Thinking and talking about rugby every day for 50+ years
6 May 2015
One of the key reasons for my tour to Europe and North America this year was to visit and pay homage to World War I battlefields and to the rugbymen who died there. We did that for sure, but not before meeting our guide and having lunch at a very appropriate place for New Zealand war watchers in Belgium.
The name Passchendaele means so much to New Zealanders in its WWI war history. It is a sleepy little town these days but back 100 years ago the village was the scene of some of the fiercest and bloodiest battles fought by the New Zealand soldiers against the Germans. The little cafe in this photo was doing a steady trade when we visited. On its walls was appropriate memorabilia for sale.
You will also notice I was nicely decked out in a New Zealand 'Flanders Field MMXV' shirt. Designed and produced by 'Mr Robyn of Dollar.'
A hotel ruckus after NZ had beaten Wales 19-16 saw Keith Murdoch banished from the tour. He stopped in Oz and hasn't yet made it home yet!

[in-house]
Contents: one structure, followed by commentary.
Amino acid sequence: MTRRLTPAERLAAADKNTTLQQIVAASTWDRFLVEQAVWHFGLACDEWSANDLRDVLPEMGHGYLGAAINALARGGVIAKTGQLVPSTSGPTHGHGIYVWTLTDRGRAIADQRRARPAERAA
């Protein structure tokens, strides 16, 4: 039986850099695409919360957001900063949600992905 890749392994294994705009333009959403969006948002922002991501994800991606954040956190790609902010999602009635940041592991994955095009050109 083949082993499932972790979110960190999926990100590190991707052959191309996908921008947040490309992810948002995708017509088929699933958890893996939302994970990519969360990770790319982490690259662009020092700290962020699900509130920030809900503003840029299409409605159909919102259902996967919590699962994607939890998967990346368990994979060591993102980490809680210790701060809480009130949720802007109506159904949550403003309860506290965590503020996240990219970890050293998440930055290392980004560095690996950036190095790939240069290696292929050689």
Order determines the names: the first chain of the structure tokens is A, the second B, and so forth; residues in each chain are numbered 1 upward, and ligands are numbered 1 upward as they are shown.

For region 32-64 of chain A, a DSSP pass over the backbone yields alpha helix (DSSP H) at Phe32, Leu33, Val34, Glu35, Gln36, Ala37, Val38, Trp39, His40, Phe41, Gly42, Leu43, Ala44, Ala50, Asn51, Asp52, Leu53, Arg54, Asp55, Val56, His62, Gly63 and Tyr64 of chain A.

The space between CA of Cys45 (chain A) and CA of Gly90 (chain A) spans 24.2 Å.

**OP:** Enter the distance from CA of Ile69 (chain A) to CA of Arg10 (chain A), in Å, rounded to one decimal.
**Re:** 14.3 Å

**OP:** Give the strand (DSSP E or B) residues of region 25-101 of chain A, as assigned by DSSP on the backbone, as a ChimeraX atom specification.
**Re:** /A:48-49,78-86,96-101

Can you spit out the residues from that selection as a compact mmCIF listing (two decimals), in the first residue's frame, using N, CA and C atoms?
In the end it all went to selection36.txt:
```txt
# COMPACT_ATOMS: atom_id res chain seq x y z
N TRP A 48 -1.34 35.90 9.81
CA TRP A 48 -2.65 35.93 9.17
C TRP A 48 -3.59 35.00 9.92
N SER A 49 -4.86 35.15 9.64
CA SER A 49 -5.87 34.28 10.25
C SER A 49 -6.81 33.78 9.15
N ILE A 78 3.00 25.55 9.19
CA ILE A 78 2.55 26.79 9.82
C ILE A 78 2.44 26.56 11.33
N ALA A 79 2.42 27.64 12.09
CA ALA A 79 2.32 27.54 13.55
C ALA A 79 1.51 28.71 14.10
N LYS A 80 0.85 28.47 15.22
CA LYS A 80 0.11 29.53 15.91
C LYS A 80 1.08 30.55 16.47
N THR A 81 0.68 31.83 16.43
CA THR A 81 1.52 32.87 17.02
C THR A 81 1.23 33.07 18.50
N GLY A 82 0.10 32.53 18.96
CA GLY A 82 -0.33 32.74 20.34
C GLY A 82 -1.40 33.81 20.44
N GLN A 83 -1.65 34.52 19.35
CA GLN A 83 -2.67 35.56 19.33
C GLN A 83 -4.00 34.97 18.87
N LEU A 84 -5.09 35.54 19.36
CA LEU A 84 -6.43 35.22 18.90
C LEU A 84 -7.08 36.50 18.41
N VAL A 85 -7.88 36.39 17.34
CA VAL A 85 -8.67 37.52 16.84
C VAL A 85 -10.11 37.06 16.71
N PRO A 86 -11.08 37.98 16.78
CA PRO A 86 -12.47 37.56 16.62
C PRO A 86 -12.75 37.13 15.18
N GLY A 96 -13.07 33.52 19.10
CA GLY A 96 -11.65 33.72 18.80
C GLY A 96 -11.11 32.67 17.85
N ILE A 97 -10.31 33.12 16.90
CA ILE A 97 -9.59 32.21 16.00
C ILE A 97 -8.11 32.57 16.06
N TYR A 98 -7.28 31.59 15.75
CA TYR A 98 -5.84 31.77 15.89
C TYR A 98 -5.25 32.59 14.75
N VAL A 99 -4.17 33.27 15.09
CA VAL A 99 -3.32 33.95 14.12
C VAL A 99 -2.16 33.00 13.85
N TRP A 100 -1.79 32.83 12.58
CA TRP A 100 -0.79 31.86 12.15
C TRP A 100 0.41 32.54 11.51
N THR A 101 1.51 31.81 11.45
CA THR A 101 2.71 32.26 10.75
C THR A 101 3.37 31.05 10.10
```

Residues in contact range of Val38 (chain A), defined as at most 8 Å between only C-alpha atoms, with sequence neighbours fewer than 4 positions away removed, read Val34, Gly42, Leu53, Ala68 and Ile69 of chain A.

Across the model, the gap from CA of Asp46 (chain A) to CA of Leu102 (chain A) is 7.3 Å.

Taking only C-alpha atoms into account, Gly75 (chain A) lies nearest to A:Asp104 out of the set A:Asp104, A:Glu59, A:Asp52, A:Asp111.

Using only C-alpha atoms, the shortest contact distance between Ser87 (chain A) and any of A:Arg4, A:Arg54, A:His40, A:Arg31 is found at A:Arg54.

Racing Club de France, Chalon and France
43 internationals for France 1953–61
A stylish French fullback who became that country’s most-capped last line of defence, Michel Vannier was a gifted runner who was also blessed with a calm assurance. He played in three French teams which won the Five Nations Championship and was a member of the great French team which went to South Africa in 1958 and won the test series.
Vannier first came into the French international side in 1953 against Wales, in Paris. He had an unhappy day but held his place for the internationals of the next season. He steadily built up his tally of caps over the next five seasons. He was an excellent goal-kicker and had a sure touch with a drop-kick. In the end he totaled 175 points in international matches.
Vannier was most unfortunate that a serious knee injury forced him to miss the tests in South Africa in 1958. He missed all of 1959’s international matches but was back in 1960, a comeback that was highly acclaimed and popular with the rugby followers of France.
His last international was in Australia at the end of the French tour there and to New Zealand in 1961. His form on tour had not been as impressive as before, but his total of caps won had reached 43. The mark stood as a French record until the great Serge Blanco passed it in 1987.
Who played ten tests for the All Blacks - but only in NZ?